Open-end funds do not have a fixed number of shares, and there is no secondary market trading. A prospective buyer who wishes to invest in the fund pays cash to the fund manager, and the manager uses the cash to buy more of the assets in the fund portfolio in the proportions of the existing holdings. Alternatively, if an existing investor wishes to exit, the fund manager sells some of the assets and pays off the investor.
The advantage of an open-end fund is that there is never a price premium or discount associated with the fund shares, since they can be created and redeemed any time. But there are a couple of disadvantages.
First, both the creation and redemption of open-end mutual-fund shares involve transaction costs, since assets must be purchased for and sold from the portfolio. Moreover, the asset sales needed for redemption may create capital gains and a tax liability for the remaining investors. Tax liability is not an issue for closed-end funds, because they do not involve redemption.
To minimize the additional transaction costs, the open-end-fund manager typically does two things, both of which can have unwanted side effects. He keeps some cash and other liquid funds on the side to meet requests for redemption (sparing him from selling assets). The downside to that strategy is that the fund has to invest less in the assets it targets and more in liquid assets and cash. The manager can also invest in the relatively few large components of a market index while leaving out the numerous smaller components; this saves the fund money in transaction costs at the expense of tracking accuracy.
ETFs arose to address all the weaknesses and capture all the benefits of both types of mutual funds. Just like closed-end funds, they trade in the markets continuously, and just like open-end funds, they can be created and redeemed at any time by investors. Only “authorized participants,” large institutional investors who have an agreement with the fund sponsor, can create shares, typically in 50,000 share lots. Redemptions are also done in batches of a fixed number of shares.
But the one major difference that sets ETFs a world apart from mutual funds is that both the creation and redemption of shares are in-kind, not cash. That is, the authorized participant has to bring a scaled replica of the ETF’s portfolio to receive the corresponding number of shares. At redemption, the participant is again paid in the assets of the portfolio.
In-kind transactions provide three advantages to ETF investors over mutual funds. First, transaction costs are minimal since the fund manager does not have to engage in market trades to acquire or redeem shares. Second, because no asset sales take place, there is no taxable event. And third, the fund manager can choose the shares with the lowest cost basis in the portfolio for redemption. For example, let’s assume that the stock of a particular company was acquired at $1, $2, and $3 in three separate trades. The current price is $4. The shares that were bought at $1 would create the highest capital gains tax liability if they were sold to rebalance the portfolio. However, if there is a redemption request, the fund manager can meet the request with the $1 shares, raising the cost basis of the shares remaining in the portfolio. If there is a need to rebalance the portfolio thereafter, the capital gains tax liability of the remaining shareholders would be less.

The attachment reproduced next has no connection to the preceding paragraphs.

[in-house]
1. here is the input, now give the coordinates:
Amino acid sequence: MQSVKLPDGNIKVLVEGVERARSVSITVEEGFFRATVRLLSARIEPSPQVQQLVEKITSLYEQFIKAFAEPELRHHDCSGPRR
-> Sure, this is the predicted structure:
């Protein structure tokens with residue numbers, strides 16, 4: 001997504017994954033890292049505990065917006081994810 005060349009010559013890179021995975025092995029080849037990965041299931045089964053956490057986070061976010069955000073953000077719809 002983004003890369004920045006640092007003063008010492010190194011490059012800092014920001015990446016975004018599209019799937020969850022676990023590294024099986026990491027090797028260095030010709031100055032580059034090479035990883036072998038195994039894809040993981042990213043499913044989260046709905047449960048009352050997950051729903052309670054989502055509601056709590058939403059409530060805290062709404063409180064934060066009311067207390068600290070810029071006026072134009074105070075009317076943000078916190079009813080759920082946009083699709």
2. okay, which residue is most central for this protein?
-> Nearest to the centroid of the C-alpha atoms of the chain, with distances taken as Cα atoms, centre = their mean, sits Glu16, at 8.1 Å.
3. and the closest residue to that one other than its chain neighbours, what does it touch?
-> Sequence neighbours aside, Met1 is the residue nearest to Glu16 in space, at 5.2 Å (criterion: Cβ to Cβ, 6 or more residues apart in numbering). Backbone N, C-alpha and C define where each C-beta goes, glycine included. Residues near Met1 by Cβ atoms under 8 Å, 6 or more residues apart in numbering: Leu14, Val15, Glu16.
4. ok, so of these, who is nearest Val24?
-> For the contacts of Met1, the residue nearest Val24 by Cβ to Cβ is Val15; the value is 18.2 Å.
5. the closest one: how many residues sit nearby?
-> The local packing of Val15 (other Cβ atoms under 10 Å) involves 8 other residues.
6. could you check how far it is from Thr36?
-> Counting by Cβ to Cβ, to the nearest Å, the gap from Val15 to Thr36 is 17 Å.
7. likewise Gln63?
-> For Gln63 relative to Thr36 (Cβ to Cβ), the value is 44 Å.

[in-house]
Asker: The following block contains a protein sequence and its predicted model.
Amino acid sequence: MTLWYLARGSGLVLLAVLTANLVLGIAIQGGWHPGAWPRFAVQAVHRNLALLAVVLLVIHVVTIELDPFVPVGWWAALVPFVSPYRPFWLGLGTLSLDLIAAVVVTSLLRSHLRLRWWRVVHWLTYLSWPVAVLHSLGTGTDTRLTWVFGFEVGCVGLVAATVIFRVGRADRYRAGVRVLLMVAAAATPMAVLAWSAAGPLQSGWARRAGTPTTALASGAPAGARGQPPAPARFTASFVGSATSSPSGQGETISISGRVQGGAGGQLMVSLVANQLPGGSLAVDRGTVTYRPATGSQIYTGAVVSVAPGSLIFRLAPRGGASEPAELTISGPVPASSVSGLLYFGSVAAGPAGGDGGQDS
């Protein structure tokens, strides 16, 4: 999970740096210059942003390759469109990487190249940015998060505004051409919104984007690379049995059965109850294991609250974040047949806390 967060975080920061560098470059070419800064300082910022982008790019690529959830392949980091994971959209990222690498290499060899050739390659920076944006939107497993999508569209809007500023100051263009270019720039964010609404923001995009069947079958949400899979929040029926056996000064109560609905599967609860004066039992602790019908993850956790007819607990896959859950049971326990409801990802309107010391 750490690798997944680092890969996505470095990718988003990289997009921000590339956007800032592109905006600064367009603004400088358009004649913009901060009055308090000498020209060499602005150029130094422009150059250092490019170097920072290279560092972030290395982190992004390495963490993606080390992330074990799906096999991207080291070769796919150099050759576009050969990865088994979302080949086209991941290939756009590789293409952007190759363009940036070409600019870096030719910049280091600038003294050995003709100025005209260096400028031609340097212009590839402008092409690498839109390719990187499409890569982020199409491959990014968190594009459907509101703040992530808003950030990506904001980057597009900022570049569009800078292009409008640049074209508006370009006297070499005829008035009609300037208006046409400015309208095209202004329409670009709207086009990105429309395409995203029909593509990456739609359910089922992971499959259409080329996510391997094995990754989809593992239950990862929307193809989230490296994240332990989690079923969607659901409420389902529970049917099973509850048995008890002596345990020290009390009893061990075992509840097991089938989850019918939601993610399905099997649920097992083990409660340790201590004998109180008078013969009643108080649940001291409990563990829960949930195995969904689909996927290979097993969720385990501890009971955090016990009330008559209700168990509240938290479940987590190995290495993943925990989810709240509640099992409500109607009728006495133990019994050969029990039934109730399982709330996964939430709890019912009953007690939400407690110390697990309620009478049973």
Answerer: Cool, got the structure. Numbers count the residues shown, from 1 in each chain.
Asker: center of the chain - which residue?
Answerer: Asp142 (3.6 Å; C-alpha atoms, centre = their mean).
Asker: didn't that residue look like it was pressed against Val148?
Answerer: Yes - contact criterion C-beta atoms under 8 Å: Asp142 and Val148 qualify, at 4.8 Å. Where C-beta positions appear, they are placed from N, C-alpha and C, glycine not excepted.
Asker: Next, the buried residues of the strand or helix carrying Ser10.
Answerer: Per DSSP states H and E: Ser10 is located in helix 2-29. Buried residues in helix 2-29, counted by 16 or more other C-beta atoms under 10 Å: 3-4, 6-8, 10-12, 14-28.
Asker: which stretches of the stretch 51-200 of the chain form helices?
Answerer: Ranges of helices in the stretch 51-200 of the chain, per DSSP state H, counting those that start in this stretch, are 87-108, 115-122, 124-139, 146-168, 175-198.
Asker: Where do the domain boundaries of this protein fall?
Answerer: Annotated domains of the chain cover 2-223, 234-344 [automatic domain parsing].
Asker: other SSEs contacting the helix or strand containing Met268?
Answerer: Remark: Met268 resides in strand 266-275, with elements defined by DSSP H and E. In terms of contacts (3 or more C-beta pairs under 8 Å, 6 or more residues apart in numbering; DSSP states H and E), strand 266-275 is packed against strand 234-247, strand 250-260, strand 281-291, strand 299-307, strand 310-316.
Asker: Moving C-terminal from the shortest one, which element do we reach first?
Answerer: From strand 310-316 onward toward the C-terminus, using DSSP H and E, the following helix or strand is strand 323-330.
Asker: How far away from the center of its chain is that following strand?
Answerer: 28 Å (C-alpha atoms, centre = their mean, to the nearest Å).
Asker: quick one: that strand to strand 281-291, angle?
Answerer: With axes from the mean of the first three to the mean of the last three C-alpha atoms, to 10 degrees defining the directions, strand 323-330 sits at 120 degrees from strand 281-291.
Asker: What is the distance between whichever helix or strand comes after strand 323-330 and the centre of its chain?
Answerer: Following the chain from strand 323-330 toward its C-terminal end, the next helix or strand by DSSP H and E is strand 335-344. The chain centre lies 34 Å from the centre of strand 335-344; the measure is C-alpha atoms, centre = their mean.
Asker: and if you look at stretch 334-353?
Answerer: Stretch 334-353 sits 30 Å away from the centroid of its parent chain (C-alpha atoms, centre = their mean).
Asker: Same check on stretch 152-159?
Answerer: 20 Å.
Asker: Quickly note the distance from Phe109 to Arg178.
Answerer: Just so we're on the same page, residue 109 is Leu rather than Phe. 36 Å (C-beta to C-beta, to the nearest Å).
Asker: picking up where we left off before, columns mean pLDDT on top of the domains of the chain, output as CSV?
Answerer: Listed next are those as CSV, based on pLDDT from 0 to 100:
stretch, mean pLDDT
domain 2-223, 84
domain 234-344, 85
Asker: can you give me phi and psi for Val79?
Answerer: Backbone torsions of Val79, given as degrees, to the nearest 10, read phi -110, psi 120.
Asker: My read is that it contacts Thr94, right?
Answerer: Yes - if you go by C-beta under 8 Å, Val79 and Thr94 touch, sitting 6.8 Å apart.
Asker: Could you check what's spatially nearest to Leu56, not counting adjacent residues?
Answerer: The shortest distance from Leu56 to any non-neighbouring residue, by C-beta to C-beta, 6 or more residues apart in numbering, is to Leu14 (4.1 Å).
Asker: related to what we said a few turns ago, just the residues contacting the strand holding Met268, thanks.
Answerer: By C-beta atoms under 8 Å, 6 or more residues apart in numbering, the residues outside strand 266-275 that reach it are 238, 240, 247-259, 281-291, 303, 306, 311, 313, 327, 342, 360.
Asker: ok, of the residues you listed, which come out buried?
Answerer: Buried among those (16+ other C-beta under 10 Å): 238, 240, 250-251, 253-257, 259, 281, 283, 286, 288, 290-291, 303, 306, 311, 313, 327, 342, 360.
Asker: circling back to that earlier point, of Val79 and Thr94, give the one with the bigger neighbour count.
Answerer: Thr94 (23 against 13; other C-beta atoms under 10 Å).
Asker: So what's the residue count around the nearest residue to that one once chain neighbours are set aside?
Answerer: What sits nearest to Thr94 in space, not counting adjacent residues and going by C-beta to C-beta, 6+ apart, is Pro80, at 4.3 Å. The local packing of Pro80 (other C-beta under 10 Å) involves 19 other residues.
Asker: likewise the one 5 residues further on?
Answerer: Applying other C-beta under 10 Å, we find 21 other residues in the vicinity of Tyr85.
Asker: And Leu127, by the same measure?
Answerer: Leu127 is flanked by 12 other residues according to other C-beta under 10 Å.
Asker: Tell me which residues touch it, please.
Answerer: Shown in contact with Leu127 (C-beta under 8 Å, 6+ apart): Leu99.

Thus, ETFs dominate open-end mutual funds because the fund manager does not have to keep cash on hand to meet redemption requests and because the shareholders do not suffer from taxes and transaction costs arising from other investors’ trading.
The advantages of ETFs over closed-end funds are related to the latter’s inability to get a match between the returns on the NAV and the fund returns. An investor who would like to gain exposure to a portfolio of technology companies, for example, may find out that the performance of the closed-end fund he invested in sorely trails the returns on the stocks of technology companies the fund is invested in because the fund is trading at a discount.
The reason for this mismatch is a lack of arbitrage opportunities. Speculators are unable to close the gap between the underlying value of the mutual fund and the price it is trading at; price no longer reflects value. If an ETF were to sell at a discount relative to NAV, speculators could come in, buy the ETF, redeem the shares for the underlying assets, and sell the assets in the market. The discount would be the speculator’s risk-free profit. Over time, this type of trade would drive the price of the ETF up and the price of the underlying assets down. The trouble with closed-end funds is that in-kind redemptions, which make the arbitrage trade feasible, are either not allowed or are severely restricted. Therefore, for short-term investors who really care about tracking the underlying fund portfolio accurately, ETFs may be the way to go.
Is There a Catch?
The rapid proliferation of ETFs is proof positive that investors value their advantages. Yet there is growing concern that the fast growth is a harbinger of instability.
A recent disturbance in the stock market showed how ETFs can potentially cause contagion across markets. On May 6, 2010, the Dow Jones industrial average dropped 998.5 points and recovered 600 points within 20 minutes—an event now remembered as the Flash Crash of 2010. The event started in the e-mini futures markets in Chicago when a trading algorithm ran amok. The crash may have been short and caused by a mere technical glitch, but the losses were heavy and very real.